Difference between revisions of "2004 AMC 8 Problems/Problem 2"

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<math> \textbf{(A)}\ 4\qquad\textbf{(B)}\ 6\qquad\textbf{(C)}\ 16\qquad\textbf{(D)}\ 24\qquad\textbf{(E)}\ 81 </math>
 
<math> \textbf{(A)}\ 4\qquad\textbf{(B)}\ 6\qquad\textbf{(C)}\ 16\qquad\textbf{(D)}\ 24\qquad\textbf{(E)}\ 81 </math>
  
== Solution 1==
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Note that the four-digit number must start with either a <math>2</math> or a <math>4</math>. The four-digit numbers that start with <math>2</math> are <math>2400, 2040</math>, and <math>2004</math>. The four-digit numbers that start with <math>4</math> are <math>4200, 4020</math>, and <math>4002</math> which gives us a total of <math>\boxed{\textbf{(B)}\ 6}</math>.
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== Solution 1 ==
== Solution 2 ==
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We can solve this problem easily, just by calculating how many choices there are for each of the four digits.
So, we can solve this problem easily, just by calculating how many choices there are for each of the four digits.
 
 
First off, we know there are only <math>2</math> choices for the first digit, because <math>0</math> isn't a valid choice, or the number would a 3-digit number, which is not what we want.  
 
First off, we know there are only <math>2</math> choices for the first digit, because <math>0</math> isn't a valid choice, or the number would a 3-digit number, which is not what we want.  
 
We have <math>3</math> choices for the second digit, since we already used up one of the digits, and <math>2</math> choices for the third, and finally just <math>1</math> choices for the fourth and final one.  
 
We have <math>3</math> choices for the second digit, since we already used up one of the digits, and <math>2</math> choices for the third, and finally just <math>1</math> choices for the fourth and final one.  
Now we all <math>2+3+2+1</math>, which is  <math>\boxed{\textbf{(B)}\ 6}</math>.
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<math>2*3*2*1</math> is 12, but there are 2 zeros that have been counted as different numbers, so divide by 2 to get  <math>\boxed{\textbf{(B)}\ 6}</math>.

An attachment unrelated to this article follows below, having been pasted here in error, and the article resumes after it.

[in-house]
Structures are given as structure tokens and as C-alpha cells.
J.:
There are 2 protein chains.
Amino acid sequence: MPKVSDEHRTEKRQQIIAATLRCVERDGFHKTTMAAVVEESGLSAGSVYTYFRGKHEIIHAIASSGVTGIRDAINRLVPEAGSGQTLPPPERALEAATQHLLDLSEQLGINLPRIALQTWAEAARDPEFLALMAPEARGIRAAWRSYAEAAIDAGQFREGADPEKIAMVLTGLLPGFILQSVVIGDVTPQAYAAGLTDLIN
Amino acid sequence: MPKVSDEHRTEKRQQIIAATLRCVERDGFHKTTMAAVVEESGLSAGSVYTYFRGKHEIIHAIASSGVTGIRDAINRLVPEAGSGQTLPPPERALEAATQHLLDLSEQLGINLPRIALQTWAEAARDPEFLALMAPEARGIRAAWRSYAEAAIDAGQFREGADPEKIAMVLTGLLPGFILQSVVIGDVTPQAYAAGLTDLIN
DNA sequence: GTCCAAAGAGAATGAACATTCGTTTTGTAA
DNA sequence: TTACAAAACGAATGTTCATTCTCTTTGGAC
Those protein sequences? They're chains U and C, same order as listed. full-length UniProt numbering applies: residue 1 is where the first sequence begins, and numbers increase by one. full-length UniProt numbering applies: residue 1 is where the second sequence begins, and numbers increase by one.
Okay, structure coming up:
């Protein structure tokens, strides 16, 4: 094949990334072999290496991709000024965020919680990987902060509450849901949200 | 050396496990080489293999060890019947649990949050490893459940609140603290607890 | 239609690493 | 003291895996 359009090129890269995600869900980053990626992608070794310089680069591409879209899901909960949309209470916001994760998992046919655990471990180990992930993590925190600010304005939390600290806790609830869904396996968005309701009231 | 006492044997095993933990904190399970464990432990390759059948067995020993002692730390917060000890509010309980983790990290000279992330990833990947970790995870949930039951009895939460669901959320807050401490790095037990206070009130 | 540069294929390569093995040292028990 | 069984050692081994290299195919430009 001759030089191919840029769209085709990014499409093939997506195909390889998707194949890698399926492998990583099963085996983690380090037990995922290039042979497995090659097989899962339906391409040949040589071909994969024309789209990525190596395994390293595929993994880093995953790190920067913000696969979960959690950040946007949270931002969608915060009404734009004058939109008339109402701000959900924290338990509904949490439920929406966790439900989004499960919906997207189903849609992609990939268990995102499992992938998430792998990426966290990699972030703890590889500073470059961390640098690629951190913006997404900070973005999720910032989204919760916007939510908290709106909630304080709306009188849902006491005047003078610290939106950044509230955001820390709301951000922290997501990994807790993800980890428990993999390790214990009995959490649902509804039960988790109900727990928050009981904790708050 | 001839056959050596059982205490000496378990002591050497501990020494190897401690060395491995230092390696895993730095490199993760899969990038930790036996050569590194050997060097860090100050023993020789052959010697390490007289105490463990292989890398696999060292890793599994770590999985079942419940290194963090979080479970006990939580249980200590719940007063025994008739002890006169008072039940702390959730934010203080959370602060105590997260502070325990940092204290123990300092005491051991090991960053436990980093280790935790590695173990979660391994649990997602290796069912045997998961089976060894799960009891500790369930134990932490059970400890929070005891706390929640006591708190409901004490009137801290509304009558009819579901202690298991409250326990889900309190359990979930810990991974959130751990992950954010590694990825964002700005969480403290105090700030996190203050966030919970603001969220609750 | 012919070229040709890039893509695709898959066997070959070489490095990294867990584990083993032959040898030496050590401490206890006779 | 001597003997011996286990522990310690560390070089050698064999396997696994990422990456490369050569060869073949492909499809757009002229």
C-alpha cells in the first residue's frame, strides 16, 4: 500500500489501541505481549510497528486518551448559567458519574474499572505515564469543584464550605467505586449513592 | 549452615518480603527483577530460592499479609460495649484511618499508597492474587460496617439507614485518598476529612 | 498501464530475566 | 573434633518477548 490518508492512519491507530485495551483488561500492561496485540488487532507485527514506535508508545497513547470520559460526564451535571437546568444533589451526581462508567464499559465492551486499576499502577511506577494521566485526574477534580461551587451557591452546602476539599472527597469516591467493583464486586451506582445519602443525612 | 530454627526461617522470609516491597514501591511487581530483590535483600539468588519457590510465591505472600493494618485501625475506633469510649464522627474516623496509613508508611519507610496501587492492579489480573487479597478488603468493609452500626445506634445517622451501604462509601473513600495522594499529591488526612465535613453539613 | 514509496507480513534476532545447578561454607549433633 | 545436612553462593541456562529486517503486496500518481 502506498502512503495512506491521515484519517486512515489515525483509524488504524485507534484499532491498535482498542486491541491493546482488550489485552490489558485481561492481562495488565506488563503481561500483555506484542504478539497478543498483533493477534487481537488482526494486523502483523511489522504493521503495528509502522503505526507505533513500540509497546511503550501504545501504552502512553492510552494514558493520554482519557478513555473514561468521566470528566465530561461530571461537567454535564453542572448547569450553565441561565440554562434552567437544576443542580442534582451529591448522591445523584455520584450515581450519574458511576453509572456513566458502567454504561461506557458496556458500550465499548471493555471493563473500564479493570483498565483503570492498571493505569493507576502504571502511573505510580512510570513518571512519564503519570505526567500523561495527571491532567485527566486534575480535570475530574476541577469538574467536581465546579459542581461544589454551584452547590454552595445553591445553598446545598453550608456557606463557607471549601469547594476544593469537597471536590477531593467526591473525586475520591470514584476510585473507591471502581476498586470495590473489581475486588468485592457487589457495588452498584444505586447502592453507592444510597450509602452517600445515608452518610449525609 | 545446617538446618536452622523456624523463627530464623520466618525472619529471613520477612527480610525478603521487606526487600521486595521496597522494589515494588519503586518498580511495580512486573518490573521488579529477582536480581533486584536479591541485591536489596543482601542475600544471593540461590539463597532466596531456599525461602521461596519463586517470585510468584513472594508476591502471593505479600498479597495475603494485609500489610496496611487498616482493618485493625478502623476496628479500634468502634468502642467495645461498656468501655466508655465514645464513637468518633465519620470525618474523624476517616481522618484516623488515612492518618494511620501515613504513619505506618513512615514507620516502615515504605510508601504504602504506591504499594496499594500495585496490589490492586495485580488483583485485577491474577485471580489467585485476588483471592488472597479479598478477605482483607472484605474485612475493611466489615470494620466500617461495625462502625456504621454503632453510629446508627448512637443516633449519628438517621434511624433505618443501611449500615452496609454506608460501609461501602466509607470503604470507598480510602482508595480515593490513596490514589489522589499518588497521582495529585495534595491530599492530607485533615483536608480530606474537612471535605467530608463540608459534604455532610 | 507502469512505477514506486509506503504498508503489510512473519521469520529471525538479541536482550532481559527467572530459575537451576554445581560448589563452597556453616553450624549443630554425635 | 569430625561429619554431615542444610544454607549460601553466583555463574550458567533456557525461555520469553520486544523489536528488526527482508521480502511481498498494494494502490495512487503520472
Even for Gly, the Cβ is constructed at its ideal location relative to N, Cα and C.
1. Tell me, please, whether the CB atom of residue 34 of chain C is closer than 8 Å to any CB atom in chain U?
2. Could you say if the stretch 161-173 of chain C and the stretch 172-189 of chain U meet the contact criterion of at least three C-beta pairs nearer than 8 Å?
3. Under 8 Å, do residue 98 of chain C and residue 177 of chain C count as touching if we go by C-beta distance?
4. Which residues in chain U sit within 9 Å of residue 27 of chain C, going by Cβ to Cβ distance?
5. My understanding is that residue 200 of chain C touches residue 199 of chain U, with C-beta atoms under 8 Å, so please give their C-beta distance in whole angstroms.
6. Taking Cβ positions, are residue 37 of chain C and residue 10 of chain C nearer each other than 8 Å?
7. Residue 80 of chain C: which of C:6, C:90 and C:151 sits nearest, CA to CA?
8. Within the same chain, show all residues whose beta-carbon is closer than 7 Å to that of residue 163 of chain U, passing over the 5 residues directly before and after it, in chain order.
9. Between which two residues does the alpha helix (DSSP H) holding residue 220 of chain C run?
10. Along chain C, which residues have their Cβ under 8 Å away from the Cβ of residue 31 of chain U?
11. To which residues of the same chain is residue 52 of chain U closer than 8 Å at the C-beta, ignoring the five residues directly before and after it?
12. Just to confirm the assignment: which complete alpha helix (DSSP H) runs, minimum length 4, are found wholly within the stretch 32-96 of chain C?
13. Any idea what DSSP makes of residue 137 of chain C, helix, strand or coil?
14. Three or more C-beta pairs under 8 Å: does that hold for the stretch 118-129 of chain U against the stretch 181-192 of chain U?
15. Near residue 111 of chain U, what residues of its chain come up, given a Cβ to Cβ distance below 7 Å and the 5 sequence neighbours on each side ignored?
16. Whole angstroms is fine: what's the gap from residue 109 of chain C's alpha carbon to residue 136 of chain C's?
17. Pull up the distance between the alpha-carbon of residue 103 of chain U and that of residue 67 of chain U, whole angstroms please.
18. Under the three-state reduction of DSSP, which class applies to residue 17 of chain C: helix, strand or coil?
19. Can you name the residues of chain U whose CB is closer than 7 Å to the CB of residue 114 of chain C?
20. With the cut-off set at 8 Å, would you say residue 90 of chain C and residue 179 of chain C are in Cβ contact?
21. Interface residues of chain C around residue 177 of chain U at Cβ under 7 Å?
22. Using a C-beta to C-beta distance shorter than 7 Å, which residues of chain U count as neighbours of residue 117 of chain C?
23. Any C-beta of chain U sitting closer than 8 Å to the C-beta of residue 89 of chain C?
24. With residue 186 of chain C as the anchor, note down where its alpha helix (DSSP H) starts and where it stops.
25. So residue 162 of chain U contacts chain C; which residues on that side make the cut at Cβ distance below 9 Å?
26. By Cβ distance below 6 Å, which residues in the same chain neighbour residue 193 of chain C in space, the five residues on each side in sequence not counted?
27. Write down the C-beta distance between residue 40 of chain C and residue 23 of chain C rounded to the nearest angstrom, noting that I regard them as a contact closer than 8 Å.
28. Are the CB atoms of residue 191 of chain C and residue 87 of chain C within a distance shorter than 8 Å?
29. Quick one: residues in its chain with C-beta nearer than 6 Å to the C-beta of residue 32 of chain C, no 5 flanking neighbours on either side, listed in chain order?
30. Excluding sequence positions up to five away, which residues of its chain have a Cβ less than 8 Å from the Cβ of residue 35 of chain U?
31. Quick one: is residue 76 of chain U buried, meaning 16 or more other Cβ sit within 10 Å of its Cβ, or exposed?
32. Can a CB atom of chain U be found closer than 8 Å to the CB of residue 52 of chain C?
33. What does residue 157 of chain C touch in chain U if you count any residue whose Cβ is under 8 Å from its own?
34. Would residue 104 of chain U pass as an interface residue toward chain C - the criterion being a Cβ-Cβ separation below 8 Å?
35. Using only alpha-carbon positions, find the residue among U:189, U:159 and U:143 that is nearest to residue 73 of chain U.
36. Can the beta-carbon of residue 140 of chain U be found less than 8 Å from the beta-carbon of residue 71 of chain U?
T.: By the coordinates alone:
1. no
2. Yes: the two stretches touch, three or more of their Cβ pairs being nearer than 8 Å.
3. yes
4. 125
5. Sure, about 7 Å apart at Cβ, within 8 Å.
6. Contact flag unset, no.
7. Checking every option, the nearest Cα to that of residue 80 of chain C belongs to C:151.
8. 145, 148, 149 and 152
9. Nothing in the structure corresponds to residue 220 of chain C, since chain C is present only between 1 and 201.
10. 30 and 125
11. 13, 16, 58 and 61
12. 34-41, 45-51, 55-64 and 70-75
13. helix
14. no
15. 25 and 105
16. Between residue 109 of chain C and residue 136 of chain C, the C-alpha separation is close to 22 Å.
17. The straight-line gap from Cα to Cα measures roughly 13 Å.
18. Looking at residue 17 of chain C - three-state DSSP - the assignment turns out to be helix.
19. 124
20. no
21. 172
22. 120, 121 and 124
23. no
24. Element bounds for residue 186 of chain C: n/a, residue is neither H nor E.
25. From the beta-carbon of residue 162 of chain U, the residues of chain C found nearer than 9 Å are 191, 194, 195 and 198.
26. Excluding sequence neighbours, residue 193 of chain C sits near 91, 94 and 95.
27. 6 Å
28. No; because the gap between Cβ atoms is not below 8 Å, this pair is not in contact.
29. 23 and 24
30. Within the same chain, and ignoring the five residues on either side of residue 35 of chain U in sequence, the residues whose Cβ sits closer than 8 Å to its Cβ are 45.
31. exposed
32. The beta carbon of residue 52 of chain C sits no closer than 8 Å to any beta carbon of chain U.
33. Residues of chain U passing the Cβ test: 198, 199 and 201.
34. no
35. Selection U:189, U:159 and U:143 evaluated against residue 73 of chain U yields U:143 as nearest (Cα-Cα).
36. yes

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== Solution  2==
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Note that the four-digit number must start with either a <math>2</math> or a <math>4</math>. The four-digit numbers that start with <math>2</math> are <math>2400, 2040</math>, and <math>2004</math>. The four-digit numbers that start with <math>4</math> are <math>4200, 4020</math>, and <math>4002</math> which gives us a total of <math>\boxed{\textbf{(B)}\ 6}</math>.
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==See Also==
 
==See Also==
 
{{AMC8 box|year=2004|num-b=1|num-a=3}}
 
{{AMC8 box|year=2004|num-b=1|num-a=3}}
 
{{MAA Notice}}
 
{{MAA Notice}}

Latest revision as of 23:00, 13 July 2019

Problem

How many different four-digit numbers can be formed be rearranging the four digits in $2004$?

$\textbf{(A)}\ 4\qquad\textbf{(B)}\ 6\qquad\textbf{(C)}\ 16\qquad\textbf{(D)}\ 24\qquad\textbf{(E)}\ 81$


Solution 1

We can solve this problem easily, just by calculating how many choices there are for each of the four digits. First off, we know there are only $2$ choices for the first digit, because $0$ isn't a valid choice, or the number would a 3-digit number, which is not what we want. We have $3$ choices for the second digit, since we already used up one of the digits, and $2$ choices for the third, and finally just $1$ choices for the fourth and final one. $2*3*2*1$ is 12, but there are 2 zeros that have been counted as different numbers, so divide by 2 to get $\boxed{\textbf{(B)}\ 6}$.

Solution 2

Note that the four-digit number must start with either a $2$ or a $4$. The four-digit numbers that start with $2$ are $2400, 2040$, and $2004$. The four-digit numbers that start with $4$ are $4200, 4020$, and $4002$ which gives us a total of $\boxed{\textbf{(B)}\ 6}$.


See Also

2004 AMC 8 (ProblemsAnswer KeyResources)
Preceded by
Problem 1
Followed by
Problem 3
1 2 3 4 5 6 7 8 9 10 11 12 13 14 15 16 17 18 19 20 21 22 23 24 25
All AJHSME/AMC 8 Problems and Solutions

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